Welcome to your weekly update from the Allen & Overy Pensions team, covering all the latest legal and regulatory developments in the world of occupational pensions.
This week we cover topics such as: Dashboards: draft rules for FCA-regulated pension providers; High Court: EU pensions are protected in case of bankruptcy; Court: no reasonable excuse for EA non-compliance; Final rule on changes to registration requirements for trusts.
- Dashboards: draft rules for FCA-regulated pension providers
- High Court: EU pensions protected in bankruptcy
- Tribunal: no reasonable excuse for EI non-compliance
- Final Rule on Changes to Registration Requirements for Trusts
- The dates in your diary
Dashboards: draft rules for FCA-regulated pension providers
The Financial Conduct Authority (FCA) has published a consultation on proposed rules for personal pension providers and stakeholders regarding the provision of information to pension dashboards. The consultation ends on April 8, 2022. It is taking place alongside a government consultation on draft regulation of occupational pension schemes launched earlier this month. The FCA aims to publish its policy statement and finalized handbook rules in the fall of 2022, alongside or shortly after parliament approves the government regulations.
High Court: EU pensions protected in bankruptcy
The High Court has ruled that, contrary to UK law, rights in pension schemes recognized for tax purposes in an EU member state are protected in UK bankruptcy proceedings: Wilson and another against McNamara and others. However, the court left this issue open to future challenges.
The case concerned an Irish citizen who went bankrupt in England, with rights in an Irish pension scheme. Under UK law, rights in pension schemes registered under the UK Finance Act 2004 are excluded from assets recoverable in bankruptcy. The case went to the European Court of Justice (ECJ) to decide whether the UK legislation was contrary to EU law (it was brought before the end of the Brexit transition period). The CJEU ruled in November 2021 that the exemption placed migrant workers at a particular disadvantage because, generally speaking, most migrant workers would have their pension rights in schemes established outside the UK which would generally not be approved. for UK tax purposes. Therefore, he concluded that UK law is indirectly discriminatory, unless it can be found to be objectively justified and proportionate. He did not rule on whether there was objective justification, but said that was a matter for the UK court.
The most recent judgment dealt with whether the UK court should consider the issue of justification. Lord Justice Nugee dismissed the request to consider this point as it was not one that had been raised previously and it was not procedurally appropriate to raise it at this stage. Therefore, it decided that the bankruptcy exemption provided by UK law should be interpreted as including assets of a scheme established in another Member State which was recognized for tax purposes. He, however, left the door open for a future case to examine whether there was an objective justification for the UK legislation being limited to UK-registered schemes.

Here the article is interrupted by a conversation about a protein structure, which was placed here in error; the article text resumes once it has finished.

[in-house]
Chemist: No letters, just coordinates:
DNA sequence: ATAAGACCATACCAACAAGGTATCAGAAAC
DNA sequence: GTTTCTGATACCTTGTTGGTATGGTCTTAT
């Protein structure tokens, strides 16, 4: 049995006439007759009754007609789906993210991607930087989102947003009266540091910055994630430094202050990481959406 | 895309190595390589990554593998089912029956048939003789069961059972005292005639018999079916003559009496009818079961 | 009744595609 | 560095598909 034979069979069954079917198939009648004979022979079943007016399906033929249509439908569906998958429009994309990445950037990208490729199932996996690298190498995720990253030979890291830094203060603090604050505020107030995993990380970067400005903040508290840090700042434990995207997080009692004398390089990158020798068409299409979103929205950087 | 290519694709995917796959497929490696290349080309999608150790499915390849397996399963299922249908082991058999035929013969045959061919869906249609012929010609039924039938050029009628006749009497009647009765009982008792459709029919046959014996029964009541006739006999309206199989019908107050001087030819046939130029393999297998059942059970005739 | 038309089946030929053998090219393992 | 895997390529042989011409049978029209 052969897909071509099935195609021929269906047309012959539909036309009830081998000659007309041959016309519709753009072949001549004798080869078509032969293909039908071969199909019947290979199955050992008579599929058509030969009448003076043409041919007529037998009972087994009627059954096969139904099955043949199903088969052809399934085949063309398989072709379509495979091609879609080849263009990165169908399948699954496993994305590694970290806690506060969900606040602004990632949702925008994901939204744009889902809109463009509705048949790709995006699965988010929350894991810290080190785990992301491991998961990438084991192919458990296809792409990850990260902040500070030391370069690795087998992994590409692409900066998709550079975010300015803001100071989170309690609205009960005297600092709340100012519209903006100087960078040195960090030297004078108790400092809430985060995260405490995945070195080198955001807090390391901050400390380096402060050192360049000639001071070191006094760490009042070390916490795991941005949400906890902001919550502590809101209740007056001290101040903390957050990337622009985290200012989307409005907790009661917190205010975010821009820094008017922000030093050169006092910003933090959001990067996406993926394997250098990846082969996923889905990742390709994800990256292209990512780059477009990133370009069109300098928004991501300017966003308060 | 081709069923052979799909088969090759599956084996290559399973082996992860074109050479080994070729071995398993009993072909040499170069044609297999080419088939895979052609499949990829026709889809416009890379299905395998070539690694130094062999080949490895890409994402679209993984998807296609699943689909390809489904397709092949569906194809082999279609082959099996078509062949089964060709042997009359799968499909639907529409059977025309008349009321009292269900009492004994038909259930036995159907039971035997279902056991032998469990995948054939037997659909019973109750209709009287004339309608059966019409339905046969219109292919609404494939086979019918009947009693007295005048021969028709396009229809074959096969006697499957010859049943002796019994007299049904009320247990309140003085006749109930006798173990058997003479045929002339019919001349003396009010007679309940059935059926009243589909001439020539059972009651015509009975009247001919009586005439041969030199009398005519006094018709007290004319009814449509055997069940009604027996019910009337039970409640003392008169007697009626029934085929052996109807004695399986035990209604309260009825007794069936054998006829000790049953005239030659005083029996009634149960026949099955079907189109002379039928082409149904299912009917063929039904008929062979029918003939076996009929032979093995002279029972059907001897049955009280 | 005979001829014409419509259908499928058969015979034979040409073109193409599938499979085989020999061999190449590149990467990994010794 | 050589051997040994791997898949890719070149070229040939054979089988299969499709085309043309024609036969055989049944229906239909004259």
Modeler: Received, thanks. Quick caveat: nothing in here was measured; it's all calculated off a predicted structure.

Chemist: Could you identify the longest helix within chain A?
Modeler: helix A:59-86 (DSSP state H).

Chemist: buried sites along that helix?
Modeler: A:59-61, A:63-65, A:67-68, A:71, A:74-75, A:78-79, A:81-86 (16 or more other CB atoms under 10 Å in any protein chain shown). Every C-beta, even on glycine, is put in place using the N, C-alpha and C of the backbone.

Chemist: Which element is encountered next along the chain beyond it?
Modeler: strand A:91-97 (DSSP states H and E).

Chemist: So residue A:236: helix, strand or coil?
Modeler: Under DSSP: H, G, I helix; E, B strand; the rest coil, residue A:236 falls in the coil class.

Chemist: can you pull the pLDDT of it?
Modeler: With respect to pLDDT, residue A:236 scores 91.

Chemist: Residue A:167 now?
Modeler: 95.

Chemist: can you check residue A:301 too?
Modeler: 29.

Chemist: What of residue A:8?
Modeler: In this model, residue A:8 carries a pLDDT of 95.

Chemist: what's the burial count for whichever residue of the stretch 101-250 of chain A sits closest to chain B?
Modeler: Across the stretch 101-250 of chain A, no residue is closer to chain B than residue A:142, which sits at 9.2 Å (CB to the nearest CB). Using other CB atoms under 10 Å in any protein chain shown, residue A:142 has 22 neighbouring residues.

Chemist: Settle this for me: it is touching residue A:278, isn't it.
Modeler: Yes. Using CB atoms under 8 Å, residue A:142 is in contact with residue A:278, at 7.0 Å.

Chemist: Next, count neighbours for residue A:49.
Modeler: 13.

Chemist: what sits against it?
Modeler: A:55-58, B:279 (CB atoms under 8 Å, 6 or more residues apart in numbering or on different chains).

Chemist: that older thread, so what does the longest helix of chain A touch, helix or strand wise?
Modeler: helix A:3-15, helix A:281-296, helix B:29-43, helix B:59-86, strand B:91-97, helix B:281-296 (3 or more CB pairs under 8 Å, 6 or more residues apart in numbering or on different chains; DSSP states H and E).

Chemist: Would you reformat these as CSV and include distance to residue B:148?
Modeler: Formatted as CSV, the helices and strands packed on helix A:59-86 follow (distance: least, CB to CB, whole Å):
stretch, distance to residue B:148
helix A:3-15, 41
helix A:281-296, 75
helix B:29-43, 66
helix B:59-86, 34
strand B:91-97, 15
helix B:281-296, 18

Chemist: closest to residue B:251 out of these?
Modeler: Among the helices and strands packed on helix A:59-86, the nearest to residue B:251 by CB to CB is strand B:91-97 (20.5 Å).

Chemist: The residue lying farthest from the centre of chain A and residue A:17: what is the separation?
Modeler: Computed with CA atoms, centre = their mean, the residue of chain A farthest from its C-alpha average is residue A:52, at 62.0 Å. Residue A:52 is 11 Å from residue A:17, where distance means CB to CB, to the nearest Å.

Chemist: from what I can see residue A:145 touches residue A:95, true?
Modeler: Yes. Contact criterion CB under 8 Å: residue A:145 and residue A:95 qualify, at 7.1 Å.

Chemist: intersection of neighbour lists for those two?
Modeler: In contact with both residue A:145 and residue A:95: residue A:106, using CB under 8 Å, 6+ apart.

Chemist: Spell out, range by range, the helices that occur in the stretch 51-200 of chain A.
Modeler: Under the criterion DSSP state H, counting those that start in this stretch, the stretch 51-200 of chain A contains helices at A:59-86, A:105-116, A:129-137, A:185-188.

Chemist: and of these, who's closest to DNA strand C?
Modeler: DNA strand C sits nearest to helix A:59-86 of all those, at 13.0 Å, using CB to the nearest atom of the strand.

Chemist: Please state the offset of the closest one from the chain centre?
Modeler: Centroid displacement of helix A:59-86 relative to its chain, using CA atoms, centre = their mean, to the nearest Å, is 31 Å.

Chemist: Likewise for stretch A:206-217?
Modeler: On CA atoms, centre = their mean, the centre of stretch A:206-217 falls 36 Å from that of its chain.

Tribunal: no reasonable excuse for EI non-compliance
The First Tier Court considered three cases in which employers claimed they had not received reminders from the Regulator of Pensions (TPR) about the automatic enrollment requirements and therefore should not have done so. subject to fixed fines for non-compliance with these requirements. In each case, the Tribunal found that there was no reasonable excuse for non-compliance.
The Tribunal noted that TPR did not have to prove that the documents were delivered; there is a legislative presumption that if a document has been sent to an appropriate address, it has been received. Nor did the employer have to prove that the documents had not been received; if there is strong evidence to the contrary, the presumption can be rebutted, but in these cases no supporting evidence has been provided. In all cases, employers have an obligation to comply with the self-registration requirements, and even if they did not receive the reminders, they were not relieved of this obligation.
Regulations amending the requirements for registering trusts with HMRC’s Trust Registration Department have now been finalized and will come into force on 9 March 2022. The regulations amend the deadlines for registering relevant taxable trusts and exclude certain express trusts the obligation to register (registered pension plans are already excluded from the obligation to register). The exclusions now cover, for example, both a trust holding a life insurance policy and a trust for benefits payable under that policy, as well as a bank account trust holding funds for a minor.
The curriculum for our forthcoming Pensions Academy Online (an update on issues relating to pension schemes and the people who run them) is now available. Please see the list below.
March 7 Money Laundering and Proceeds of Crime – What Trustees Need to Know
March 8 Pension Schemes Act 2021: new offenses and reportable events – where do we stand?
March 9 Management of an investigation
March 10 legal update – including transfers, scorecards, unique code, superfunds and more
March 11 Governance and reporting on climate change – theory and practice